Talking with a group of strangers about death
We’ve been waiting a long time to be able to hold an in-person Death Cafe. That day finally arrived on Saturday 26th September 2021, when we hosted our first North East London Death Cafe at the very tranquil East of Eden in Walthamstow.
It was lovely seeing people walk through the cafe door with a mix of anticipation and nervousness on their faces and then quickly hearing chatter and laughter as they started introducing themselves to each other.
Before too long we had a group of total strangers, sipping hot drinks, ready to start talking about death.
From the discussions in my group, three topics struck home:
The death of a parent
This was something we could all relate to whether the death had been recent, years ago or was anticipated.
People shared how lonely grief can feel. Friends or colleagues don’t always know what to say to you and therefore might avoid talking to you or avoid talking about the person who has died. Sometimes people stop socialising with you altogether. Having people who are able to listen to you and listen to what you are experiencing can help to feel seen.
We talked about how people use euphemisms instead of saying the word ‘died’ – “I’m sorry you lost your Mum”, “I’m sorry to hear your Dad passed away”. Are these euphemisms helpful or not? We talked about people using them because ‘dead’ or ‘dying’ can sound and feel too harsh. However, for many who have been bereaved, these euphemisms can actually minimise the pain they are feeling and don’t acknowledge the enormity and finality of what has happened.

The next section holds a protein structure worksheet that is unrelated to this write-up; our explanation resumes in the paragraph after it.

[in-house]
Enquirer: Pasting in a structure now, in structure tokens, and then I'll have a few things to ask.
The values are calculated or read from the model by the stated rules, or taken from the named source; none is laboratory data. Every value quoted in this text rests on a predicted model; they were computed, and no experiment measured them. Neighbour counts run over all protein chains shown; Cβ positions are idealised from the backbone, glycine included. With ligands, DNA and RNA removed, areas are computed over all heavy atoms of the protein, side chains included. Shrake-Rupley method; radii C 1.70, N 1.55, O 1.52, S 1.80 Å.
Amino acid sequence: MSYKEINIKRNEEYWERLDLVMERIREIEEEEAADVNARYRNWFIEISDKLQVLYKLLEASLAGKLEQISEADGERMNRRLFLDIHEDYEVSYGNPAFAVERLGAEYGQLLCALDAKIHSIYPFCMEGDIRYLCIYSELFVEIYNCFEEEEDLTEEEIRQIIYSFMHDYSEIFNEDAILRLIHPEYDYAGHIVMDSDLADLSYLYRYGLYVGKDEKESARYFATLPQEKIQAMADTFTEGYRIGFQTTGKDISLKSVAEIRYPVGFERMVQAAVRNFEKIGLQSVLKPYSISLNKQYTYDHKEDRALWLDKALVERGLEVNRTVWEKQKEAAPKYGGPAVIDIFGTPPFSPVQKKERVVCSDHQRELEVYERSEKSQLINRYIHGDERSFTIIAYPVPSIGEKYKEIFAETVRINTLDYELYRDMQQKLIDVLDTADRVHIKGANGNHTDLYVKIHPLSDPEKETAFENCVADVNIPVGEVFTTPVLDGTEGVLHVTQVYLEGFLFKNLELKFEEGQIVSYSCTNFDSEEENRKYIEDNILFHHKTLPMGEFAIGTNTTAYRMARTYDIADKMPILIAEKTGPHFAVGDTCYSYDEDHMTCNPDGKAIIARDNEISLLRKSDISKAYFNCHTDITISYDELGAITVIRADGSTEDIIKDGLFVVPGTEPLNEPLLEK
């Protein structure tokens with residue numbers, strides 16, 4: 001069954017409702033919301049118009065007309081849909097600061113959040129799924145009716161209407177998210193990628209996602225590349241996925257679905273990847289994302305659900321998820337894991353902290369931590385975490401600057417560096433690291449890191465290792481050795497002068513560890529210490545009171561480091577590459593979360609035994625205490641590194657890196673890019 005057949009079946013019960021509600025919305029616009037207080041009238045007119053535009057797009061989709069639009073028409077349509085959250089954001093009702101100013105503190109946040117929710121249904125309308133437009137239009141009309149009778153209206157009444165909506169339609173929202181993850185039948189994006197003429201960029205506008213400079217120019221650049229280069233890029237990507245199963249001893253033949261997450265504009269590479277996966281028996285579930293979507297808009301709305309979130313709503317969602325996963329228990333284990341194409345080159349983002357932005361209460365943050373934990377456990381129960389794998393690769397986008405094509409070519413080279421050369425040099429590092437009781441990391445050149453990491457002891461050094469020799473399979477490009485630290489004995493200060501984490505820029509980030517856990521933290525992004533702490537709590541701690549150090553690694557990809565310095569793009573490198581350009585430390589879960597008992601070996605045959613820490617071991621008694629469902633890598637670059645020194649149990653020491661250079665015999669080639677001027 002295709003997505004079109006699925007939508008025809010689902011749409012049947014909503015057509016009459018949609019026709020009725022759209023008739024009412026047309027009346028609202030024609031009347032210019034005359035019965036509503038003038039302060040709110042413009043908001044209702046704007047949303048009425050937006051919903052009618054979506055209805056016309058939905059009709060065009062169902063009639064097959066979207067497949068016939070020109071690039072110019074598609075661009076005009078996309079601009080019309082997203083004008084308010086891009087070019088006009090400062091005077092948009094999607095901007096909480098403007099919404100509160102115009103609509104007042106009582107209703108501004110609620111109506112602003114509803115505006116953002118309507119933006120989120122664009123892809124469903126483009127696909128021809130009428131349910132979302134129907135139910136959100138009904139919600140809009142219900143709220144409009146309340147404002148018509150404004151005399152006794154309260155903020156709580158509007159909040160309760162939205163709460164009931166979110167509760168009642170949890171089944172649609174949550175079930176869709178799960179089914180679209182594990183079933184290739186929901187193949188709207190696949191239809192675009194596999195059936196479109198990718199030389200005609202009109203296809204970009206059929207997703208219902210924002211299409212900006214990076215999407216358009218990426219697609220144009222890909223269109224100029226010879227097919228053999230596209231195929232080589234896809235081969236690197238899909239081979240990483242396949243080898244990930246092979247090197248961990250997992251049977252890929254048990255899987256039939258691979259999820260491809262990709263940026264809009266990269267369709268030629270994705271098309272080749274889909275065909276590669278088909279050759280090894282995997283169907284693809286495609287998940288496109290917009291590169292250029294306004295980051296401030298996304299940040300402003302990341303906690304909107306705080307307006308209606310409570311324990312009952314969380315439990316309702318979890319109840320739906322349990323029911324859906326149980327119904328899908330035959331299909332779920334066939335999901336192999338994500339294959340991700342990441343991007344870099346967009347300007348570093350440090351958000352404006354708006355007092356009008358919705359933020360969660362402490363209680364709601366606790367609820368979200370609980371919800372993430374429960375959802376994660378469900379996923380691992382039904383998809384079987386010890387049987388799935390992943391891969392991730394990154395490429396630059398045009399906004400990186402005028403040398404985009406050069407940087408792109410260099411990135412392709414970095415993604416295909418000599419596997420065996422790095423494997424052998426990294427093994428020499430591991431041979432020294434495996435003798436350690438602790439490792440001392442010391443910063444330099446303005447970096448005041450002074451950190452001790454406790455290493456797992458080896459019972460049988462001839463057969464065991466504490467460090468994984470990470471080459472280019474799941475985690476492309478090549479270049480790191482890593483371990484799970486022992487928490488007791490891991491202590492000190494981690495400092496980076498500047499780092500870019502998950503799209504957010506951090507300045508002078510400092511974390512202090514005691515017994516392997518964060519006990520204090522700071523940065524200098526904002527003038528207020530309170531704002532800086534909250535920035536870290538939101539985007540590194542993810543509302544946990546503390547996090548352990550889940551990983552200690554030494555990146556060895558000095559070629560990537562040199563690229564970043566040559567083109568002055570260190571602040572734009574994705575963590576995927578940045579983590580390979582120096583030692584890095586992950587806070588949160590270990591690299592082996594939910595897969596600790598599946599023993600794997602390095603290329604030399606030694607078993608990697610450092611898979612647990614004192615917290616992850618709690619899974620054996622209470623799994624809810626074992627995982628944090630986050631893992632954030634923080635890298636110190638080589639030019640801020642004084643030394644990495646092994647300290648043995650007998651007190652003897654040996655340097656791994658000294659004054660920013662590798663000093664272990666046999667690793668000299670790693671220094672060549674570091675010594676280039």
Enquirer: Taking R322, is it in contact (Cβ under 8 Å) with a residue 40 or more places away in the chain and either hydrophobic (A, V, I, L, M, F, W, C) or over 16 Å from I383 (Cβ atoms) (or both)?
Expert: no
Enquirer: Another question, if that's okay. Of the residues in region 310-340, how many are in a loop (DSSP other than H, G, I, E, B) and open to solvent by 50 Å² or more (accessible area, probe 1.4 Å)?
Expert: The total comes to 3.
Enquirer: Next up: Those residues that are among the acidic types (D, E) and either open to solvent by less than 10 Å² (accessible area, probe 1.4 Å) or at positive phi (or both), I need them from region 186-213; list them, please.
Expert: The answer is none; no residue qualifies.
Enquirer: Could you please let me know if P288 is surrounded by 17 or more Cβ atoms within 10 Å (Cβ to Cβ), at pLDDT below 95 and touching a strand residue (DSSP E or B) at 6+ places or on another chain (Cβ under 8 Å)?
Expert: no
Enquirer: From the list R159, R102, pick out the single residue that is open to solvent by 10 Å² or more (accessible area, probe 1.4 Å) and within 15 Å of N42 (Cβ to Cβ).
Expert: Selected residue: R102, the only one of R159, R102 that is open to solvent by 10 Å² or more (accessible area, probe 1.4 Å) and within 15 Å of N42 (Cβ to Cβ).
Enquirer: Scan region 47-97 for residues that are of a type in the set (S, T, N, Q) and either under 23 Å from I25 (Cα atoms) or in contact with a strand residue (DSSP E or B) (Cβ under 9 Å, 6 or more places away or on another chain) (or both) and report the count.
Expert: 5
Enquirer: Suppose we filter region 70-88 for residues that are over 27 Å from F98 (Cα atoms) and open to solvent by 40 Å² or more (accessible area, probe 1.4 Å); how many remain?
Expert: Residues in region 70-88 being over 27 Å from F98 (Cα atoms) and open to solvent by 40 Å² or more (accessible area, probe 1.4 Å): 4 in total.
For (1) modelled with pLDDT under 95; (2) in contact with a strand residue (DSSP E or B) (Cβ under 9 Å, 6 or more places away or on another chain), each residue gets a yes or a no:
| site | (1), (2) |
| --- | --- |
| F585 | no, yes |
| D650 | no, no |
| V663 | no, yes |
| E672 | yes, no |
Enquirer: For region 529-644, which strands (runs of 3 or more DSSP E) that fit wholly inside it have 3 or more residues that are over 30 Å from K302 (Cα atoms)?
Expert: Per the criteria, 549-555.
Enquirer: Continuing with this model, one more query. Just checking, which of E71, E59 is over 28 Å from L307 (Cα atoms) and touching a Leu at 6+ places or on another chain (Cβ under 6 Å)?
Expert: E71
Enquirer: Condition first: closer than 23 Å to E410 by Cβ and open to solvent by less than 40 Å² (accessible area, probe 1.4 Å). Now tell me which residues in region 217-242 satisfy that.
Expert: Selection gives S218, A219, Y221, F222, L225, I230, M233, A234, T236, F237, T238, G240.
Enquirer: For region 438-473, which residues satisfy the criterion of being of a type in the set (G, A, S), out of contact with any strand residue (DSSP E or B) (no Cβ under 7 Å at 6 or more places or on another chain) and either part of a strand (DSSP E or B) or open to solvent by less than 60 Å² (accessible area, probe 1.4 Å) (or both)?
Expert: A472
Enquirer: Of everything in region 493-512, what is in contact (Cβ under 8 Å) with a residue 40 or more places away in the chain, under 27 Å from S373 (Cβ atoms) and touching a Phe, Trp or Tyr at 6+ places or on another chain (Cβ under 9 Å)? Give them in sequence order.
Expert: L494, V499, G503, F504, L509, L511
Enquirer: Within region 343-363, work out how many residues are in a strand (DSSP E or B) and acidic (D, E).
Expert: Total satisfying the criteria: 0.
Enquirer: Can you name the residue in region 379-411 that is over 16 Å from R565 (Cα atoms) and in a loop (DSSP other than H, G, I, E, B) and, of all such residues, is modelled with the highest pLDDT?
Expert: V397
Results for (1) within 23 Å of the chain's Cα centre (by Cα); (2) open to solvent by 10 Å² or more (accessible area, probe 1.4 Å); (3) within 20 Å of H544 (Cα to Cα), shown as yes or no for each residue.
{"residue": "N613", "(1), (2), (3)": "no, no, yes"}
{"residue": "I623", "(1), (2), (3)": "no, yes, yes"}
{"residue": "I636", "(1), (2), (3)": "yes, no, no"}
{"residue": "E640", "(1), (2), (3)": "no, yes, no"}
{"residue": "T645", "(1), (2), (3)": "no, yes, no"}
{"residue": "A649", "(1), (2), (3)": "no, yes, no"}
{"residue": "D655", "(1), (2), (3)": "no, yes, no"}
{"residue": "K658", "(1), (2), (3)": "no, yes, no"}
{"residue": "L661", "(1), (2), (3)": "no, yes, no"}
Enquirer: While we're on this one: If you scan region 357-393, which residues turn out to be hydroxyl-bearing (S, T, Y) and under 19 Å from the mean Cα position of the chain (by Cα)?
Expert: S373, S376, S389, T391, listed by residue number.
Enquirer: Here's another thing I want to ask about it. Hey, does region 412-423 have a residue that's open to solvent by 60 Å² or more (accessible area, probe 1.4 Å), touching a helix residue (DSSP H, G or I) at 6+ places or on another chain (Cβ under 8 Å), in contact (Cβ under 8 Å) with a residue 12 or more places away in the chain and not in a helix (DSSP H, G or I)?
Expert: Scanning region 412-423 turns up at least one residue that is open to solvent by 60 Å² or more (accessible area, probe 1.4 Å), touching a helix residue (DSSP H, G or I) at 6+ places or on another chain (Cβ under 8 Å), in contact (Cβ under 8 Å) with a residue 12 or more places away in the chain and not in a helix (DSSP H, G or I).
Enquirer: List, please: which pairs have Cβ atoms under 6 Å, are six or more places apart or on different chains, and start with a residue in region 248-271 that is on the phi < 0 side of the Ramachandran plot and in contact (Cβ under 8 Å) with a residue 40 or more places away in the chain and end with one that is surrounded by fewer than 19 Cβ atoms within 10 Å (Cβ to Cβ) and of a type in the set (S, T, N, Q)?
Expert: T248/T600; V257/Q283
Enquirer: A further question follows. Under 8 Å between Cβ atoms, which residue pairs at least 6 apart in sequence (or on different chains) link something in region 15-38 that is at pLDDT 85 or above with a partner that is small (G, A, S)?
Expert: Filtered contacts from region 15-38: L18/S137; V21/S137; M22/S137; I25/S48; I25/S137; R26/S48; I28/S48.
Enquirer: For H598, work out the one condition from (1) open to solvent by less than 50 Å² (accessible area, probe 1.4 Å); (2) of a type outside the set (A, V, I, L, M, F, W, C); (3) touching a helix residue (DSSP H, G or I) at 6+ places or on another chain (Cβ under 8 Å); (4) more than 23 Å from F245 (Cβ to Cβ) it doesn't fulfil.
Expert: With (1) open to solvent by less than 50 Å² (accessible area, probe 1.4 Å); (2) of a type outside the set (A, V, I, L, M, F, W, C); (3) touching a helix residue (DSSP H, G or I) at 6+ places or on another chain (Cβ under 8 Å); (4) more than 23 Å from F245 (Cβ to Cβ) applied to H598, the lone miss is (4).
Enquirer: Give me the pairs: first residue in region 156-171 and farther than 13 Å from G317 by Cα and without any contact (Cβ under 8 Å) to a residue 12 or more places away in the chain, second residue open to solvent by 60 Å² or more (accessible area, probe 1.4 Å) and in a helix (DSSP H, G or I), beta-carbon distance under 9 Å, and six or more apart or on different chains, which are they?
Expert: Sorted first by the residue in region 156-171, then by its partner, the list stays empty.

Can we prepare for grief?
This is something I have been thinking about for a while. I know we can prepare for the end of life but can we prepare for grief? Is there anything we can do, before someone close/important to us dies, to help ease the pain?
We discussed that, if we can help that person prepare for their death by talking with them about their end of life wishes, then maybe we can help them to have a ‘good death’; to have some control over how and where they die. Of course, we can’t take away the pain we may experience when they die but being open about death and what is ahead, and helping them prepare for this, may help us feel that we did our best. Maybe this will then prevent some of the guilt that can be experienced following a death.
Is it important to have a place to visit after someone dies?
Do we need somewhere to visit, like a grave or where we’ve scattered the ashes to still feel connected to that person.
Some of us felt that a graveyard was too formal; maybe too restricting and tying. You may feel pressure to visit regularly. When my Dad died we took his ashes to North Wales, to a place where we used to go to on family holidays. It’s a stunning spot by the sea; overlooked by the mountains. I like having this place to visit (and think about it) even if I don’t go there very often. Maybe it provides something tangible to hold onto even when you have let go.
It’s amazing how time flies when you’re talking about death with a bunch of people you’ve never met before. And so, as it should be at a Death Cafe, we talked for almost an hour and a half and came to no set conclusions. Except of course that we are all going to die and therefore we need to get much better at talking about it.
If you would like to be part of the conversation, we are hosting our next Death Cafe in Walthamstow on Saturday 6th November 2021, 2.30 – 4.30pm